I saw (and heard) a bunch of gear at the annual AES show this past Fall. With so many cool new products to discover, you'd think that it'd be hard for a gear geek like me to choose one product that stood out above all others. Well... guess what. Nothing impressed me as much as the complete line of monitors from ADAM Audio. So much so that I made arrangements to buy a pair of ADAM S3-A monitors right then and there.

The S3-A is a 3-way system with an Accelerated Ribbon Technology (ART) tweeter, two 7.3'' Hexacone woofers, and three 150 Watt (RMS) amplifiers. (ADAM recently upgraded the amps from the original spec of 100 W.) Although the two Hexacone drivers look identical, the first driver/amp combination operates below 1.8 kHz, while the second one augments the first below 150 Hz, effectively doubling the woofer size and power at low frequencies. The ART tweeter is unique in that it uses a pleated diaphragm to "squeeze" air out with much greater efficiency and accuracy than a planar driver can push air. Frequency response is stated as 32 Hz - 35 kHz (+/- 3 dB). On the rear panel is a balanced XLR input. On the front is a power switch alongside trim controls for input sensitivity, tweeter level, high-freq shelf, and low-freq shelf.

Two days before the AES show, John Baccigaluppi and I mixed the Nedelle CD at the Bomb Factory studio, and I got to hear the S3-A for the first time. What I heard amazed me. The high-end had so much detail that I could hear recording artifacts and distortion that had gone previously unnoticed-without the higher frequencies sounding hyped. The two woofers produced incredibly tight, focused low-end. And the combination of drivers provided midrange that was smooth but not glossed-over. (I'm a big fan of midrange, and I can't stand speakers that don't have enough midrange.) Plus, the imaging was fantastic. The S3-As seemed so accurate that I was confident that the mixes were "right." A month later, hearing the tapes at Peerless Mastering confirmed that what we'd heard on the S3-As was indeed the right mix.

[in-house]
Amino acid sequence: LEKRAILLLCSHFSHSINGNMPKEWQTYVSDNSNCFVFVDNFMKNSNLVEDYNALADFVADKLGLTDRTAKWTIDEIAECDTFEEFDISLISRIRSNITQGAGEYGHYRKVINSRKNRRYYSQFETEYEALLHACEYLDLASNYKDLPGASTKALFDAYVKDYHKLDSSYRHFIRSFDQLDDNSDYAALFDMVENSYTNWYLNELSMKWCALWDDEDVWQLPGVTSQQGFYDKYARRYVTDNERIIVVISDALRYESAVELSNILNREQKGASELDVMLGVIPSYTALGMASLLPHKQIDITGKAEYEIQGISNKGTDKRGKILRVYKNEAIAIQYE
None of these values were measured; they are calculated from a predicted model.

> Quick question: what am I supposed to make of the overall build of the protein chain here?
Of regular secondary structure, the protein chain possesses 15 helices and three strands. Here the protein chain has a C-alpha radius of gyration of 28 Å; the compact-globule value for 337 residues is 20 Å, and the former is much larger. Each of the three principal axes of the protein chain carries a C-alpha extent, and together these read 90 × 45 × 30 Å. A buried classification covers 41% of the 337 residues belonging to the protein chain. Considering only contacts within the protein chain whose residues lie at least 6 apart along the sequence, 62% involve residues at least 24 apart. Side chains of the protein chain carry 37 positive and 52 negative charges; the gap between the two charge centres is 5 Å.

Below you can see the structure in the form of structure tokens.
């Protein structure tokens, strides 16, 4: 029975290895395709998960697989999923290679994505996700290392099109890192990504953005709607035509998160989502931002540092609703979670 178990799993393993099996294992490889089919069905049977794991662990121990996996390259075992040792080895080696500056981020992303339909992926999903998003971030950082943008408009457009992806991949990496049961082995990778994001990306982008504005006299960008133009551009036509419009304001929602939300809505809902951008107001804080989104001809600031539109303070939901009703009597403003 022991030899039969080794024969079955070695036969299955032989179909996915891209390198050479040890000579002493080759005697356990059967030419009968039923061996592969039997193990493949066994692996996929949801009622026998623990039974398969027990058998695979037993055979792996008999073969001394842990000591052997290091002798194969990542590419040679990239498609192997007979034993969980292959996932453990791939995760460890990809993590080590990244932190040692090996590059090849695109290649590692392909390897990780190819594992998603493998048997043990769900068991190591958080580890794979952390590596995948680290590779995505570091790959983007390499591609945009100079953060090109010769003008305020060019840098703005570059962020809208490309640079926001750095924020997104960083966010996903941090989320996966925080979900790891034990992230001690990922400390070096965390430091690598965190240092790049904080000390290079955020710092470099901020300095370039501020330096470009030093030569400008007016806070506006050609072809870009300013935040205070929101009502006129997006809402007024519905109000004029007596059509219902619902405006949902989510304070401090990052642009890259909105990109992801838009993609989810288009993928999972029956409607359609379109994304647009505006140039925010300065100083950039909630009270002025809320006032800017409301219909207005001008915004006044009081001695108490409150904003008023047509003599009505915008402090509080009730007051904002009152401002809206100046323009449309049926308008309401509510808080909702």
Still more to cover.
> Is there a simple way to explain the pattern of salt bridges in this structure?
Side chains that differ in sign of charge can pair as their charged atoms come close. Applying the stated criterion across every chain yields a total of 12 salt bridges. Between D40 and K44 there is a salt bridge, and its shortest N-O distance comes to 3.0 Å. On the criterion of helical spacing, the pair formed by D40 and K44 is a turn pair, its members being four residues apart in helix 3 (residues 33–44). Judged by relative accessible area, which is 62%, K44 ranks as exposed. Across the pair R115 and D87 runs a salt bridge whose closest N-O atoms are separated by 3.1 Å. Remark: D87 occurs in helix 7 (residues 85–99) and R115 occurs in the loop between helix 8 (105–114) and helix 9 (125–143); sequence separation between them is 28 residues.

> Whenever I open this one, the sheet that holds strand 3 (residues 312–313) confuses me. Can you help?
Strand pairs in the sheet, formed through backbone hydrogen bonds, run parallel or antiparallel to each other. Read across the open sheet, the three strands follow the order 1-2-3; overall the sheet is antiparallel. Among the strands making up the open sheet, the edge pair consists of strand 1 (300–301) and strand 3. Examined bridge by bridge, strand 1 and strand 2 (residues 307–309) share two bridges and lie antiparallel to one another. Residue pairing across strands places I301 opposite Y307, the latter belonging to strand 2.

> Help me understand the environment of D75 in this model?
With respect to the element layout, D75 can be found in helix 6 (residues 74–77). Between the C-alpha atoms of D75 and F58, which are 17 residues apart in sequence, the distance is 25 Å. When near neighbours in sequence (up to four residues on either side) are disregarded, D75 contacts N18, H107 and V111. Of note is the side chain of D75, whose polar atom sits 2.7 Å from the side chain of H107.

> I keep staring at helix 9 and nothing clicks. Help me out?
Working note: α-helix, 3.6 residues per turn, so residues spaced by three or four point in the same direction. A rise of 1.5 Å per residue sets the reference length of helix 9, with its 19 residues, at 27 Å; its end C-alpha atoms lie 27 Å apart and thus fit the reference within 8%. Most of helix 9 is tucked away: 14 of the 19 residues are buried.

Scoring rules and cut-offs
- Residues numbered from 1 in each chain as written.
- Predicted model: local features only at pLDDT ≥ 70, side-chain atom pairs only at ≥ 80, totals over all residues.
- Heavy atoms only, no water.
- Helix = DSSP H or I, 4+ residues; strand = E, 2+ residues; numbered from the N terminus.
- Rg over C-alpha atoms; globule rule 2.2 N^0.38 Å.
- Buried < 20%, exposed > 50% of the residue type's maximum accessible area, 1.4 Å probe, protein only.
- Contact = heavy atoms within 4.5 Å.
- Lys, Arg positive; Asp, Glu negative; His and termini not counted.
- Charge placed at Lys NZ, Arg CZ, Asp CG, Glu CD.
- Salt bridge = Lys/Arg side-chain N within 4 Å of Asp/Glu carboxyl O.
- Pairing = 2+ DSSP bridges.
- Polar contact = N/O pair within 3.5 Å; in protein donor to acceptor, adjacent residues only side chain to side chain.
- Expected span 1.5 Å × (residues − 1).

Cons? Although the ART tweeter has good dispersion in the horizontal plane, it doesn't have a lot of vertical dispersion. The hi-end balance changes significantly as you go from sitting to standing; curiously enough, it's not as noticeable as you sit down low. Also, the monitors are susceptible to radio- frequency interference. (I live in an area with high RF- density.) ADAM have already devised a solution, which they named the "Hong Mod," as I was the first user to report the problem.

I've owned a pair of S3-As for three months now. Part of me feels like I should write more about my experiences, but another part of me knows that there's not much more to say than this: The S3-A is the best nearfield or midfield monitor that I have ever heard. They sound fantastic-but at the same time, they are brutally honest, revealing aspects of my mixes that other monitors have failed to do. I liked the S-3A so much that I also bought a pair of P11-A active monitors for my home. ($4,400, www.adam- audio.com)

Tape Op is a bi-monthly magazine devoted to the art of record making.

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